The following EMail comment was received a few days ago: my replies are included - CEHL
>Date: Wed, 25 Feb 1998 20:56:19 -0500
>To: "Charles E. H. Lucy"
>Subject: Pitch, Pi, And Other Musical Paradoxes
>Dear Mr. Lucy,
>Your fascinating work is sure to benefit musicians and listeners.
>I hope to be able to make practical use of it soon.
>I found your 60-scale chart enlightening. There are several small concerns I'd like to address:
>The melodic major scale (descending) is correctly described as Aeolian.
>However, the Locrian scale is shown.
>The Slendro scale shown includes note 3 in the chain, contrary to the legend.
>The Pelog scale shown is 22 steps long, not 21, and includes note 5 in the chain, contrary to the legend.
Thank you for the corrections. You are totally correct, and I have
amended 60scales.gif to the appropriate values.
To view table of more than sixty scales and their codes (60scales.html)
CEHL 27th Feb '98.
>Also, on the "Scalemaking" page, you speak of the "Greek
names" of modes.
>According to an article on Greece in the New Grove Dictionary of Music and
>Musicians, ancient Greek names for species of the octave included the following (on white keys):
>Apparently, the Greeks counted intervals from top to bottom. When medieval
>ecclesiastical scholars tried to interpret the ancient texts, they counted
>from bottom to top, jumbling the information. The names on the table are the
Interesting! I had used other reference books. I realise that I had
developed a particular prejudice against Dr. Stanley Sadie, the editor
About ten years ago, I phoned him to check some detail, and he was extremely haughty to me. I shall check this out as soon as I get the opportunity. Maybe I should include both sets of names.
Assuming that you are once again perfectly correct; it is small wonder there has been such confusion amongst musicians on how to name scales and modes. Perhaps the idea of scalecoding will help to clarify the situation.
CEHL 27th Feb '98
>On the chart on that same page, the Locrian scale is shown as having
>one-half steps between C and D, instead of the actual one step.
Thank you. Again you are correct. This was a typo on my HTML table construction. I have moved the column left by one step and aligned it correctly.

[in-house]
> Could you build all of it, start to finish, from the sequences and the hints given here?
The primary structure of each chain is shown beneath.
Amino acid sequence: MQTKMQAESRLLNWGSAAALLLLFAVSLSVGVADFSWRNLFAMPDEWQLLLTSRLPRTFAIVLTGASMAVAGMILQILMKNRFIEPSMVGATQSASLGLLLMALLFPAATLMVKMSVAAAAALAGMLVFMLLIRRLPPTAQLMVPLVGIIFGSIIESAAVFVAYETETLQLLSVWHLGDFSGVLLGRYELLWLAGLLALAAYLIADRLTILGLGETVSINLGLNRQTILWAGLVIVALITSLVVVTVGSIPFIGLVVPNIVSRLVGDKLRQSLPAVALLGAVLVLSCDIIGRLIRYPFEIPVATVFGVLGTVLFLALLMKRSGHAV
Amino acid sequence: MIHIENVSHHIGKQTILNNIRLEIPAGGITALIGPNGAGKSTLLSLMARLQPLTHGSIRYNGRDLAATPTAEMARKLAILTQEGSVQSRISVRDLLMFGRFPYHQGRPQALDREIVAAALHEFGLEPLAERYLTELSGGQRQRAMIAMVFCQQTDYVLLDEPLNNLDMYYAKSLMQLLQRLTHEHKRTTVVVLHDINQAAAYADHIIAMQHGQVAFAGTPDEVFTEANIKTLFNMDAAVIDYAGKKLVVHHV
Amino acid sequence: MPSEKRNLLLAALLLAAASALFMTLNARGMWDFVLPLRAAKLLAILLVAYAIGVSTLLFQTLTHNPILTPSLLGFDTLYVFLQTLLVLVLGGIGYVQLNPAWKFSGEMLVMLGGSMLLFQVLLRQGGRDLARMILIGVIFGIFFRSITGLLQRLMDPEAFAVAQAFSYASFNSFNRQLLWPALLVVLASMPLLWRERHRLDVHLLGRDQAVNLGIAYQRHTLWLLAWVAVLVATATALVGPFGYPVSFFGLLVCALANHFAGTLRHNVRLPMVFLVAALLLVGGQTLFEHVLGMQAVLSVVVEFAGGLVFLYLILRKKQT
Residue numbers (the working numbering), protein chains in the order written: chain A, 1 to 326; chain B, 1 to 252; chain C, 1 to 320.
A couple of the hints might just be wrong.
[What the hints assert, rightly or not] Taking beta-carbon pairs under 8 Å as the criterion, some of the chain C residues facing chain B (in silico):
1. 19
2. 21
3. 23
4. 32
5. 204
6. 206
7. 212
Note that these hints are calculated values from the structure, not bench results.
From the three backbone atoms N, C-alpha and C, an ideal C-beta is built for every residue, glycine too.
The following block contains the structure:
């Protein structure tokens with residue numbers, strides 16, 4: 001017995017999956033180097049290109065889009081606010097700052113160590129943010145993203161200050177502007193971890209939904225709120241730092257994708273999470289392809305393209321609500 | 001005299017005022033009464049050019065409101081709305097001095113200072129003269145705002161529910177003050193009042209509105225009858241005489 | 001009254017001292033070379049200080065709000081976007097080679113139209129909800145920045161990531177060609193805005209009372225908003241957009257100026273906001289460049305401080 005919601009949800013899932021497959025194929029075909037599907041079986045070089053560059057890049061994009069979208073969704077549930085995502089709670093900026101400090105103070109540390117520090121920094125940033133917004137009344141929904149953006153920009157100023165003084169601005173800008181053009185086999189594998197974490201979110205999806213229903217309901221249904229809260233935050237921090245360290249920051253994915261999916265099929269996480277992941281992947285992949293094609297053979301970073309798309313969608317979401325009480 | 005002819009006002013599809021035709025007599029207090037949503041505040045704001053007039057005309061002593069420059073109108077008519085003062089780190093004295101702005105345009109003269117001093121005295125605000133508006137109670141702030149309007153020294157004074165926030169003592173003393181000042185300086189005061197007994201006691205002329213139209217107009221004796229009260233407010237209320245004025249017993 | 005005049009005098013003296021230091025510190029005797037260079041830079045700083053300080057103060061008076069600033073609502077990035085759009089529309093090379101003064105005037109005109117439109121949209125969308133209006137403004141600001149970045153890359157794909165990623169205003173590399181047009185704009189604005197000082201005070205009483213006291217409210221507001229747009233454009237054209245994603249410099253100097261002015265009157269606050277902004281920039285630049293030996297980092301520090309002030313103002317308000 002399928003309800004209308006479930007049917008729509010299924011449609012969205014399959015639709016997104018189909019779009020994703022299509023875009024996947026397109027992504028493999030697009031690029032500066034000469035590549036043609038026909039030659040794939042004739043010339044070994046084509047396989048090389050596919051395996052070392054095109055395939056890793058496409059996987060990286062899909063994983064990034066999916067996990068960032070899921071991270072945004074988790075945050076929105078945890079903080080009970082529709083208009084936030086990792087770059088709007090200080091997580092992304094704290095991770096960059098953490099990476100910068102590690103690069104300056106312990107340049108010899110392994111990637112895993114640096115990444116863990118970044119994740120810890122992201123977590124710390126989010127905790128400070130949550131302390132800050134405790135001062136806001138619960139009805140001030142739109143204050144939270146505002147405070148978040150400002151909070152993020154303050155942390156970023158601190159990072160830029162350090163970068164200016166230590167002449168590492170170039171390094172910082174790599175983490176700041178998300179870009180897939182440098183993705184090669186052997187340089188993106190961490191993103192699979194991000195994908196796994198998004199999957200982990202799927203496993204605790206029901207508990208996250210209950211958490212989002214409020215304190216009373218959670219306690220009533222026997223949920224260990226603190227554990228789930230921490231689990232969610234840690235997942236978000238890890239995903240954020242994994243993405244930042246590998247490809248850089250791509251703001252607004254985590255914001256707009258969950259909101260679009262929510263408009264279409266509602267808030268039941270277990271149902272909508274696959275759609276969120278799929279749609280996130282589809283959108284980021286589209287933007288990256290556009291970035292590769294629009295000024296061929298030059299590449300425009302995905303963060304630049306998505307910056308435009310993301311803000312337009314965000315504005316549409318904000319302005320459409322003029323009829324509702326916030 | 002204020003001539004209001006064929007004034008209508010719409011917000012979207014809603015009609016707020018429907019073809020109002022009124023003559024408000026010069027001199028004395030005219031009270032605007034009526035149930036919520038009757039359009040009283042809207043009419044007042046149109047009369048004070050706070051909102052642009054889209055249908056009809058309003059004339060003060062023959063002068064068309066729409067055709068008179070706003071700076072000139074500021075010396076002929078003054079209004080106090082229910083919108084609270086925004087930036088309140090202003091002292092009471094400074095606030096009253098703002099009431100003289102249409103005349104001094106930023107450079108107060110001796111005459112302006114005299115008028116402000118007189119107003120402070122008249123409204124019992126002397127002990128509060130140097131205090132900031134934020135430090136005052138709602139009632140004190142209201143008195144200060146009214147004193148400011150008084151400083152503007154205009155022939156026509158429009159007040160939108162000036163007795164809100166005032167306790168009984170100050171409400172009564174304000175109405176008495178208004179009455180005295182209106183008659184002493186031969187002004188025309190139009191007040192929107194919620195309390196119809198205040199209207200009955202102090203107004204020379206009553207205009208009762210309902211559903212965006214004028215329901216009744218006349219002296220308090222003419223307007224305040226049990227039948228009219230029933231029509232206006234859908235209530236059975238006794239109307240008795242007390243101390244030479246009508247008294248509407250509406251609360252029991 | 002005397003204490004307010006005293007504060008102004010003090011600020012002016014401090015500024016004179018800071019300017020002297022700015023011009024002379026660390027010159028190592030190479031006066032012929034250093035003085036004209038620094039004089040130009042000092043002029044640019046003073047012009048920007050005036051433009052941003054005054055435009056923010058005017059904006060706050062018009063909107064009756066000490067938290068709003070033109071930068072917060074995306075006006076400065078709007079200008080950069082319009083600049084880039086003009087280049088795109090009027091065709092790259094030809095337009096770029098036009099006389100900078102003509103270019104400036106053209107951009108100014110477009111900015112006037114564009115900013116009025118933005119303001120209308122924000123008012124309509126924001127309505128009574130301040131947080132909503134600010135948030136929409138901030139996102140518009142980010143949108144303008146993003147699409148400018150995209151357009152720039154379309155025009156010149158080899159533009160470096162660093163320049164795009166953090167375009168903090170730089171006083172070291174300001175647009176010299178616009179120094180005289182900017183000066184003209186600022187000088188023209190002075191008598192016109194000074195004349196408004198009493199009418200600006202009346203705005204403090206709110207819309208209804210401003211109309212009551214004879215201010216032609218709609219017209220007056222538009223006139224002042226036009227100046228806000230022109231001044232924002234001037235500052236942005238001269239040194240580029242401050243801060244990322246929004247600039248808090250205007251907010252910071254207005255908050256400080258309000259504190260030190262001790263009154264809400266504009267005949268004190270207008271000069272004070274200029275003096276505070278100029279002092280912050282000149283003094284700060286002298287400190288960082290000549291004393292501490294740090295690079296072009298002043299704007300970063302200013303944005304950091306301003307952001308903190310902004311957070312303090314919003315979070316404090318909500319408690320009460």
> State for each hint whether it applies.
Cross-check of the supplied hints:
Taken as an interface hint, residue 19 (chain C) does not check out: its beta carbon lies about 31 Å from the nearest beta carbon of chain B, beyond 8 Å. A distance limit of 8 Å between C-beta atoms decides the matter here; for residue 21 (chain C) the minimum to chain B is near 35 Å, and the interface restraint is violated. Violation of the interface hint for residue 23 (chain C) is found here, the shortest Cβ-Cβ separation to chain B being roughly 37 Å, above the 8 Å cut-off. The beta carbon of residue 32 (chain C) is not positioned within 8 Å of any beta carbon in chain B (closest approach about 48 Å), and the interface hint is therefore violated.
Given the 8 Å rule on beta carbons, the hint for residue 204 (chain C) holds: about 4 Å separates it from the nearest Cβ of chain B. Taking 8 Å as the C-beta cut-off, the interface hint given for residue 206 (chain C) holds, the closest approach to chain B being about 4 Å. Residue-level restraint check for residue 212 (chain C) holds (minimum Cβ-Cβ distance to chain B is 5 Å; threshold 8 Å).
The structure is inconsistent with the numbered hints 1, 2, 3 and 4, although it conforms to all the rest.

I appreciate your comments.
CEHL 27th Feb '98
Charlie Anon's website (http://www.rev.net/~aloe/couchpotato) - (Lotsa useful links)
Date: Fri, 13 Mar 1998 09:55:15 -0800 (PST)
From: John Chalmers (email@example.com)
To: Alternative Tuning List firstname.lastname@example.org
Charles: The ancient Greek names for the heptatonic modes are correct in your post. To avoid accidentals, the key of C major is used and the various modes occur as octave species in the order Mixolydian (B-b), Lydian (C-c), Phrygian (D-d), Dorian (E-e), Hypolydian (F-f), Hypophrygian (G-g), and Hypodorian (a-a'). Hypolydian (F-f), Hypophrygian (G-g), and Hypodorian (a-a'). The extinct Ionian mode was a G mode and the Aeolian and Locrian were A modes, but it is not known how these differed from the HP and HD modes. The Mixolydian was also called Hyperdorian and the lower A mode (on the note Proslambanomenos) was called Hypermixolydian and Hyperphrygian. (In Argos, it was outlawed because it had no ethos of its own, but was merely a lower octave repetition of the Hypodorian.) Greek music was based on a 15-tone two-octave gamut running in our notation from A-a-a', to which an accidental b-flat was added to illustrate modulation at the fourth. This system could be taken at various pitch levels (see below). The absolute pitch is not known and may have been irrelevant in any case.
In musical practice, these modes were transposed so that the modal
patterns of all 7 species moved into the middle range of the two octave
system. Thus a system of pitch keys developed at roughly semitonal intervals.
These keys took the names of the modes and new names (Hyperionian, etc.)
were coined to complete a set of 15 keys or TONOI. The center of the system
was also changed from Dorian (E) to Hypolydian (F) and two series of names
were applied (high and low Dorian, etc.).